The individual particles are very small, like talcum powder, and are carried up and out of the boiler in the flow of exhaust gases leaving the boiler after the coal is consumed…thus the term 'fly ash'. The fly ash particles are removed from the stack gases using Electrostatic Precipitators, FGD systems or Bag Houses and are collected and stored for recycling. Fly ash is a pozzolan: a silica, alumina and calcium based material which, in the presence of water, will chemically combine with the free lime contained in either the fly ash or other compounds to produce cementious properties. Some fly ash contains enough calcium compounds to be self-hardening when mixed with water.
The major constituents or elements of fly ash are heterogeneous glassy and crystalline phases of silicon, aluminum, iron calcium and magnesium. A chemical analysis will show fly ash compounds occurring as oxides of these elements; however they occur as aluminosilicate glass interspersed with a small fraction of crystalline compounds such as quartz, mullite, hematite, magnetite and elemental siliceous or aluminosilicate glass.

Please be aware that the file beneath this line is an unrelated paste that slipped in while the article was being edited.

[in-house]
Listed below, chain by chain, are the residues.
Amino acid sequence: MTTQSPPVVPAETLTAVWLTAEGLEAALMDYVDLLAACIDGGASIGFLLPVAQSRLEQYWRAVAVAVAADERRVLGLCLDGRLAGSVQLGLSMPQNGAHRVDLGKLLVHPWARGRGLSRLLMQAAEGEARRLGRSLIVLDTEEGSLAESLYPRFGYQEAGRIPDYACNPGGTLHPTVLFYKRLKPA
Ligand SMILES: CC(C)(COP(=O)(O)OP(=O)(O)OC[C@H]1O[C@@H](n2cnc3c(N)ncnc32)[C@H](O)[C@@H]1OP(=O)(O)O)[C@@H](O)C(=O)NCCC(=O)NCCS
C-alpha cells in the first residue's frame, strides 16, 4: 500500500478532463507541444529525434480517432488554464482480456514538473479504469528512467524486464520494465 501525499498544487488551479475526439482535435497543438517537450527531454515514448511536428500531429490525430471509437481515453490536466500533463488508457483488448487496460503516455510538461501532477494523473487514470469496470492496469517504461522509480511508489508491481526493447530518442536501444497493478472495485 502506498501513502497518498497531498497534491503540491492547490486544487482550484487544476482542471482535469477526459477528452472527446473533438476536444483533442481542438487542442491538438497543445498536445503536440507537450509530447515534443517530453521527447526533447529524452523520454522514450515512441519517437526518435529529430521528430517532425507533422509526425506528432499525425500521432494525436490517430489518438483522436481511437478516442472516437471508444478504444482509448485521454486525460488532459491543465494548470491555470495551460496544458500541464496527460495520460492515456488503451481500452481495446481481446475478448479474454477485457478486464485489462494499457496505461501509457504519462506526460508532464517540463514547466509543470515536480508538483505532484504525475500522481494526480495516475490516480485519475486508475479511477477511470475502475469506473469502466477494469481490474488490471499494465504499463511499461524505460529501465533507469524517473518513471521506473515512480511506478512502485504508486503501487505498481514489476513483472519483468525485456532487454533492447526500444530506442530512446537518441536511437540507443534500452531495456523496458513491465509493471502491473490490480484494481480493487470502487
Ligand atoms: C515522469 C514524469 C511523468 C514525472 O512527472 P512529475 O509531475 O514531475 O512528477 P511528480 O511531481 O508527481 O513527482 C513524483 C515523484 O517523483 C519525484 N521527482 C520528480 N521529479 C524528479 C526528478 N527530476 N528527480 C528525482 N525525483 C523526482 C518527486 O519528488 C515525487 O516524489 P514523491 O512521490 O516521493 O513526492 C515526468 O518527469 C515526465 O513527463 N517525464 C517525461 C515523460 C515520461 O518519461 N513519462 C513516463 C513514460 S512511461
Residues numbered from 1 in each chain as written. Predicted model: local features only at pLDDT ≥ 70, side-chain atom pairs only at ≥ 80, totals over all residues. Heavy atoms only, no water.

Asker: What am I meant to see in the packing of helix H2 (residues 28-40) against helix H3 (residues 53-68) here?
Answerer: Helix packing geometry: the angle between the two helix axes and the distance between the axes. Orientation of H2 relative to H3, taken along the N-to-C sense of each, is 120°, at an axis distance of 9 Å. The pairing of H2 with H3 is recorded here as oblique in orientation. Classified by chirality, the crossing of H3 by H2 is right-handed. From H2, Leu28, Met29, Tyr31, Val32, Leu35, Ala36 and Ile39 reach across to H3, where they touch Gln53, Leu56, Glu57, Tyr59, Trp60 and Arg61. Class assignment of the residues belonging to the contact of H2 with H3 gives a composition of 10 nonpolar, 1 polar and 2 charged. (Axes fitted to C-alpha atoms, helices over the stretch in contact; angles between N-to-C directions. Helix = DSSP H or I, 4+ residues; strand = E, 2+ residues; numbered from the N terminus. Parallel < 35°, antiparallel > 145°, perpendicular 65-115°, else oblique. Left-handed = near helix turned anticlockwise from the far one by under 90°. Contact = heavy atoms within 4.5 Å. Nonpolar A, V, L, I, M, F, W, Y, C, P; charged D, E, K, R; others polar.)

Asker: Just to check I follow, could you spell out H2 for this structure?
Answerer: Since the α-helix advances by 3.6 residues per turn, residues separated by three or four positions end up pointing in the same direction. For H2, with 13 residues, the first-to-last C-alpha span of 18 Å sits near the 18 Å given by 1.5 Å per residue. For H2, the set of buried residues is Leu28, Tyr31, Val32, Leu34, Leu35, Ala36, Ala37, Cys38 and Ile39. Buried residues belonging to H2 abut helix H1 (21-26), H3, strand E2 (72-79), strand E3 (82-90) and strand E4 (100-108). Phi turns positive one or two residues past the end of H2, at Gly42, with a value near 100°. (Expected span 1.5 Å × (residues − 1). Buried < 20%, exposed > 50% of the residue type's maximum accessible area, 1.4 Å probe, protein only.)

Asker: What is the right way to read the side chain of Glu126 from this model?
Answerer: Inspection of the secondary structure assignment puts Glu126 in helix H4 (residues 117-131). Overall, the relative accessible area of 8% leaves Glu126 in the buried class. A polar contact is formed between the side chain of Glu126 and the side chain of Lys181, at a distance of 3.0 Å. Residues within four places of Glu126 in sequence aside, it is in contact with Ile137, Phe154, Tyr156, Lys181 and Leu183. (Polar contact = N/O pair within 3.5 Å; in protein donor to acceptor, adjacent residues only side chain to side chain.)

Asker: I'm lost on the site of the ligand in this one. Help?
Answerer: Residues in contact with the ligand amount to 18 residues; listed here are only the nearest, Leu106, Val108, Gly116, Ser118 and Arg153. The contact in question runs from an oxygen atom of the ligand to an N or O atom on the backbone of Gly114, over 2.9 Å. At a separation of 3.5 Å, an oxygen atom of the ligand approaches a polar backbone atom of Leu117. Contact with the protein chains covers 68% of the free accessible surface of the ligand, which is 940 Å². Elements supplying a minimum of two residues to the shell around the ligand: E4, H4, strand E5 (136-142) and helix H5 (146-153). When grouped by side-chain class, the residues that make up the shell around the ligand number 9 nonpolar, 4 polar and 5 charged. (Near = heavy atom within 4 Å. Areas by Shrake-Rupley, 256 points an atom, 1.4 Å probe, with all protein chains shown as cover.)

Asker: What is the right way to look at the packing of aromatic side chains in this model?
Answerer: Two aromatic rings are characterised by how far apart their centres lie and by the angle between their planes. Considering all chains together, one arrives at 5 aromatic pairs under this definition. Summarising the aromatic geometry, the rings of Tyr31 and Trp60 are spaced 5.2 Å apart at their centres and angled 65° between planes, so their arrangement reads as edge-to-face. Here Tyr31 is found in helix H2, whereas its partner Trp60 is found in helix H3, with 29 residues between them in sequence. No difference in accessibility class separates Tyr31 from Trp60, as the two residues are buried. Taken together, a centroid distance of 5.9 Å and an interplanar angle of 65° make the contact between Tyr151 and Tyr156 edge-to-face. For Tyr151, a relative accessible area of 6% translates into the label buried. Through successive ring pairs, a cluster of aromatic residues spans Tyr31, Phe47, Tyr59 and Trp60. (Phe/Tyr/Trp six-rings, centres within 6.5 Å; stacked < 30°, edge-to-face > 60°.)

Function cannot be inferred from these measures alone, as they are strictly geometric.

Class F ash is produced from the burning of anthracite or bituminous coal. Class F ash contains silica, aluminum and iron in combinations of greater than 70%. Class C fly ash is produced from the burning of lignite or subbituminous coal. Class C fly ash generally contains more calcium and less iron with its lime (CaO) content in the range of 15% to 30%. This makes the Class C fly ash cementious in addition to pozzolanic.
Combustion Products Management, Inc., 150 Ridgeway Drive, Bridgeport, WV 26330. Tel: 304-203-1074; Fax: 304-842-6138.